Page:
Springtime toxicities

Warmer weather and longer days are finally here, after what has been a very long and wet winter. We’re sure your pets are feeling a spring in their step, and with that can come a great deal of mischief! So, we’ve put together our top toxicity warnings to help prepare pet owners for the possibilities.

Garden delights

Spring is a wonderful time of year; the outside world is waking up, and with it comes an array of beautiful flowers; many come in bulb form though, and these can be problematic for pets. Daffodils, if eaten, can cause seizures and, worryingly, a dog need only drink the water from the vase for there to be a risk of health issues. Lillies are so severely toxic to felines that we would recommend cat owners don’t even keep them in the house or garden. Amaryllis and tulips can cause tummy upset, and even breathing difficulties. Silly young pups tend to be the classic culprits for bulb bothering, owing to their inquisitive nature. However, whoever the pet, call the vet if you suspect them of having consumed any plants at all.

Garden dangers

If you and your pets are getting out into the garden more now that spring has sprung, there are one or two things to watch out for. Pets who are feeling the joys of spring are often into absolutely everything, including flying insects! Bee and wasp stings are rarely life threatening (although allergic reactions and stings in or near to the throat are more worrying), but they can be painful; best to remove any that have found their way into the house, and if your pet is stung, definitely keep a very close eye on them and perhaps phone us for advice if you’re worried.

As you ready your garden for the growing season, beware of what products you’re using. Although the worst culprits are now banned, some slug baits can still be detrimental to pets, as can many weed killers and even fertilisers. Ingestion of toxic garden products requires immediate attention and some very specific treatments in order to help a pet through the poisoning. Always check the instructions and warnings and keep well out of reach of pets when not in use.

Easter goodies

There’s a reason why Toxicity Bingo (Easter Edition) is a thing in vet practice. We really do see an increase in pets getting their paws on things that they shouldn’t at this time of year! And the items on our bingo cards are chocolate eggs, hot cross buns, simnel cake, and the like. The trouble is that they are simply more abundant at this time of year, and it can be easy to forget where you hid the last of those chocolate eggs for the easter egg hunt before your pet finds them first. The danger in chocolate lays in the cocoa content. More specifically, theobromine is the pet-toxic element within cocoa, and dark chocolate is chock full of it! Milk chocolate less so (but still a very real potential danger), and white chocolate practically none. However, considering that the symptoms of theobromine poisoning include vomiting, muscle stiffness, seizures, and even devastating effects on the heart, we recommend that you phone for advice no matter what sort of chocolate your pet has eaten. The good news is that there is a simple calculation that we can use to determine whether your pet has consumed it in toxic quantities. And even better, provided you get them to us quickly enough, we can treat chocolate toxicity very effectively in most cases.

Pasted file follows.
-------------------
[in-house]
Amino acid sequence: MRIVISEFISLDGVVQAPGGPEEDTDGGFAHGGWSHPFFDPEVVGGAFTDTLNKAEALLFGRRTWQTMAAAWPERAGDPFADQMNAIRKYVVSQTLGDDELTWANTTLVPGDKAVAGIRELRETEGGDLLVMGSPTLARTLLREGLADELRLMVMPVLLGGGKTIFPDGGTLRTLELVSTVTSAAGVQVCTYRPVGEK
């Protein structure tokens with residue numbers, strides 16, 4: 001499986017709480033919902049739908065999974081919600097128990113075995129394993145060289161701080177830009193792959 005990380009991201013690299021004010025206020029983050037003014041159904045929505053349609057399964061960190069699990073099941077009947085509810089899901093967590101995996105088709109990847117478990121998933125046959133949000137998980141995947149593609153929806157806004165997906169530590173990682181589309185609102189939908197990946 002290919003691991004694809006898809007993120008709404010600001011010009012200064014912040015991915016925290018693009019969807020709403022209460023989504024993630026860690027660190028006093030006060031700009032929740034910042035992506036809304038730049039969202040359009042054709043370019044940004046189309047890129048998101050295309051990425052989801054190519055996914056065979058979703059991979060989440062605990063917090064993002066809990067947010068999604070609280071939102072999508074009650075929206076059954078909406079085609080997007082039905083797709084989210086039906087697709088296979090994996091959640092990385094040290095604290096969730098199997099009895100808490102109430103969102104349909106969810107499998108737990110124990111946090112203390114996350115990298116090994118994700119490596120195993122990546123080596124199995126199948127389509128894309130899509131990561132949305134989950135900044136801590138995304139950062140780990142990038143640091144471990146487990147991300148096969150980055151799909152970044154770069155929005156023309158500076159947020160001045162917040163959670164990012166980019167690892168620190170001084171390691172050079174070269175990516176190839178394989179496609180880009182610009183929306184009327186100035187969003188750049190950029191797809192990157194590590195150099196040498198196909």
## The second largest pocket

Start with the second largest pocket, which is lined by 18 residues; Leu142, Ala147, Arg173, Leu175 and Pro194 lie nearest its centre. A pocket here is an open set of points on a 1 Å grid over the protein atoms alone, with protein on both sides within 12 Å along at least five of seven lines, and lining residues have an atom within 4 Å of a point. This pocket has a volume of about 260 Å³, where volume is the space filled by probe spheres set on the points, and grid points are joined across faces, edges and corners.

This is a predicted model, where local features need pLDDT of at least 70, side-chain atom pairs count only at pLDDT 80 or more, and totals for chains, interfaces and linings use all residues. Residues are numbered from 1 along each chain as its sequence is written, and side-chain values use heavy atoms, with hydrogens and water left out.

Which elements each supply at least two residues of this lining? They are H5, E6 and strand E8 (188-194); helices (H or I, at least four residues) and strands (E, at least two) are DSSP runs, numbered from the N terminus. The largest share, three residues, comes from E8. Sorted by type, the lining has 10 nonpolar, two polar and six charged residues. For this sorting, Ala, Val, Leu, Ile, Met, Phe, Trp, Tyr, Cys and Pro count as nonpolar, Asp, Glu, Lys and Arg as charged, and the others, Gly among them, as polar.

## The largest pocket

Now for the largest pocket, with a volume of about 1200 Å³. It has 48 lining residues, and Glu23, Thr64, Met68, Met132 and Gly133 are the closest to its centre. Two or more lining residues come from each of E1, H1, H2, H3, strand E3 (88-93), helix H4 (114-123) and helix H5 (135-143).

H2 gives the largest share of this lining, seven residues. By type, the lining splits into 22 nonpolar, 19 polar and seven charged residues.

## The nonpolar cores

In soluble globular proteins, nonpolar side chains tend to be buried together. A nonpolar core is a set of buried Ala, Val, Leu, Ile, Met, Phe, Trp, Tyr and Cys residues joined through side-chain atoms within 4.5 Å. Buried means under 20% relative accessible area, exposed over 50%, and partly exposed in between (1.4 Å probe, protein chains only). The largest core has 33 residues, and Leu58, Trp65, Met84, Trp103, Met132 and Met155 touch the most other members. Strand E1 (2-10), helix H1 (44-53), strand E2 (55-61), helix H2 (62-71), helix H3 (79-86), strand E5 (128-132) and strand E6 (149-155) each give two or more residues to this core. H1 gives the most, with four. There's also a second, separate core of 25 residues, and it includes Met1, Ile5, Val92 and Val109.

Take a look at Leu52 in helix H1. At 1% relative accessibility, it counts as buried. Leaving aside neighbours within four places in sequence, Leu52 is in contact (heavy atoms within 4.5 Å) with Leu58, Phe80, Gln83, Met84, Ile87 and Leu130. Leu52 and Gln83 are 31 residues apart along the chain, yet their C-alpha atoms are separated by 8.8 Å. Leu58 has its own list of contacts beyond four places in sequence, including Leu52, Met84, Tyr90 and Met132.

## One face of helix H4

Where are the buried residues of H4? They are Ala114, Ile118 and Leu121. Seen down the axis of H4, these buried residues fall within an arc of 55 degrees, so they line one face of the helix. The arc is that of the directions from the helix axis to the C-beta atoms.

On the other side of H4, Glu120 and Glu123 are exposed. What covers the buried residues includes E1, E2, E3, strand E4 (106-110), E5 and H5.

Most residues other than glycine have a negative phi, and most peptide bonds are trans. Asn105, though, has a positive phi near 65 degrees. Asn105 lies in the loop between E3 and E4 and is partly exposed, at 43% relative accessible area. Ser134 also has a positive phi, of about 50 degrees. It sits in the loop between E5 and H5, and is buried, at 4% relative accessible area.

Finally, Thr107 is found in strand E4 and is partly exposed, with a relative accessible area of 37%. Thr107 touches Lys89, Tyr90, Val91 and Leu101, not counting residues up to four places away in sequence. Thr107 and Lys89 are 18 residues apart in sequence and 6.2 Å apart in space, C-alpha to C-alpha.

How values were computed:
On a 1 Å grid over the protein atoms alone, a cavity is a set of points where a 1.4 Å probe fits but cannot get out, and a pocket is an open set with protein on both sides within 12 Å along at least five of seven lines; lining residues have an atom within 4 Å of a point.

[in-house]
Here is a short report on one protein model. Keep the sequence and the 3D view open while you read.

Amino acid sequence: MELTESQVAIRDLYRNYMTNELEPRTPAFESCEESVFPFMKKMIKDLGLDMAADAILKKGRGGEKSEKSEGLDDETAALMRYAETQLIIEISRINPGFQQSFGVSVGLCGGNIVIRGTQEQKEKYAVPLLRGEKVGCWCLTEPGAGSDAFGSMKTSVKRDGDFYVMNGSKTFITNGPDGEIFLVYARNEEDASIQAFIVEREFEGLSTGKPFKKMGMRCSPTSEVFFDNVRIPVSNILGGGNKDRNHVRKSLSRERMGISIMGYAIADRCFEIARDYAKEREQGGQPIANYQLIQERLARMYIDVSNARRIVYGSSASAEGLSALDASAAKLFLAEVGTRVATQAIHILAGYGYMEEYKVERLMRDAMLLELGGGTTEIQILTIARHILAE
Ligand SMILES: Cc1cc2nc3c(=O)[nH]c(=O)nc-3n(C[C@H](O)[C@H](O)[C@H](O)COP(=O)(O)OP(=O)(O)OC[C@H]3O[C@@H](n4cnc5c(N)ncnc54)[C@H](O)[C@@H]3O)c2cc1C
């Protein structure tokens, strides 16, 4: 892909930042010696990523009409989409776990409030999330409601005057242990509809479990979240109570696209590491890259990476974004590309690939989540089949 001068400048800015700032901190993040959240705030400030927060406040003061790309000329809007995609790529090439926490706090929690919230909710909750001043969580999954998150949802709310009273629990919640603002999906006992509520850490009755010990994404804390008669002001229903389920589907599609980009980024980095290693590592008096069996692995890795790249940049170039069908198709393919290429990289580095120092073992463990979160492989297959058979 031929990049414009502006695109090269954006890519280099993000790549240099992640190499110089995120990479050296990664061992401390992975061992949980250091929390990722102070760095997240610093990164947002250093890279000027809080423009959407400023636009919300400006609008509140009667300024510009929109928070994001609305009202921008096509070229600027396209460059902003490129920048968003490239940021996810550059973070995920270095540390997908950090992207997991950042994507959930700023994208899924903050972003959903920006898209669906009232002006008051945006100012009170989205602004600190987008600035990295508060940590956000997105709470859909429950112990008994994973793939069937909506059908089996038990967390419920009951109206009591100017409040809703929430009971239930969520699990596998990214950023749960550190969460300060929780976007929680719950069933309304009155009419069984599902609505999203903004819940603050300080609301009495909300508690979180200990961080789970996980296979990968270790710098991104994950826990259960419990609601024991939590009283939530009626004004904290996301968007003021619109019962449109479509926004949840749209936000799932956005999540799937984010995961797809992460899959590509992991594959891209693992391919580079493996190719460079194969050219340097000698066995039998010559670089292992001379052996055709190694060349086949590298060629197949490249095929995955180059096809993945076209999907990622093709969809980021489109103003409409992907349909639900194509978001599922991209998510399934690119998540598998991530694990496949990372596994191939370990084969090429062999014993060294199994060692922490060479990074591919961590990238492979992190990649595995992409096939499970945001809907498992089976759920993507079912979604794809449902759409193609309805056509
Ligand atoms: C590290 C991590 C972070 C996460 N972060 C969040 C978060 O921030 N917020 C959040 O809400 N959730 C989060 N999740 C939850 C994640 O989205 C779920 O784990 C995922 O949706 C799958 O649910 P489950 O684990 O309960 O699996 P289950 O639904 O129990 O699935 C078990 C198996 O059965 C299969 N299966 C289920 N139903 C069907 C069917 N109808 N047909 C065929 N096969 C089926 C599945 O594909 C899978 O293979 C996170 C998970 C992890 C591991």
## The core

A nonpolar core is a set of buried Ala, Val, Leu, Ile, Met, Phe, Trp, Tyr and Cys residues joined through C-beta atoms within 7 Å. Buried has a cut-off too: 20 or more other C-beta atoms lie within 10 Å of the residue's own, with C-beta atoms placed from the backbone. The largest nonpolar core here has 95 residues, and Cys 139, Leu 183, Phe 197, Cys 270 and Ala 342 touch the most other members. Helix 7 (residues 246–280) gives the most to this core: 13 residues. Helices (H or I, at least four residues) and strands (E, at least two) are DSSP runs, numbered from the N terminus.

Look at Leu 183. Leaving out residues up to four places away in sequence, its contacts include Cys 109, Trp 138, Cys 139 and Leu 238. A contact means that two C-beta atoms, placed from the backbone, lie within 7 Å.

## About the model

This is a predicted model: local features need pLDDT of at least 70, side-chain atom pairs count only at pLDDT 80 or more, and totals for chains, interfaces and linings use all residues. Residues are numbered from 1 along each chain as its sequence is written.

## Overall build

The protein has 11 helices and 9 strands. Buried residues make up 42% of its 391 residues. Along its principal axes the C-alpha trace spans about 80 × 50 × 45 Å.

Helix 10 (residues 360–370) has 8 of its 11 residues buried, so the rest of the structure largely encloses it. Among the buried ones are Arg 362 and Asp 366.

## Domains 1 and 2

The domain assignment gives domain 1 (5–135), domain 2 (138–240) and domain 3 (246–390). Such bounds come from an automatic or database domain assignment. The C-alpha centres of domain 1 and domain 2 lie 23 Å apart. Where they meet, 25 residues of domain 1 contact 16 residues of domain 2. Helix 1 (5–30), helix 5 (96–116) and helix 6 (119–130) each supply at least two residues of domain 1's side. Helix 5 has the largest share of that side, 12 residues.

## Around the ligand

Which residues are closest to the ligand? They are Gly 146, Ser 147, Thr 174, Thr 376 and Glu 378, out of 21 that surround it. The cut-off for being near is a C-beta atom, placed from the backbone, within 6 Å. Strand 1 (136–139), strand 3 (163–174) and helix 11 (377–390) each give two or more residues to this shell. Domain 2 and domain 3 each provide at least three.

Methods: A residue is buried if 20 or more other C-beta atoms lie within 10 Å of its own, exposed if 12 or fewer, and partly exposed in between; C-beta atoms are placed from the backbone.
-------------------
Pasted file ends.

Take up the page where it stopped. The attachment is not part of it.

As for the above-mentioned baked goodies, grape-based ingredients are the offenders here. Raisins, sultanas, and currants all cause renal failure in pets. Characterized by increased drinking and urinating, lethargy, and inappetence, the signs of kidney disease don’t often appear until the damage has well and truly been done. So, as with any potential poisoning, it is best not to wait in any case of raisin ingestion, instead, speak to a vet as soon as possible.

We wish all pet owners a wonderful springtime and hope you’re getting out and about, enjoying your pet’s company. Remember, we are here for you should you have any questions or concerns. A phone call can ease your mind, or even save a life!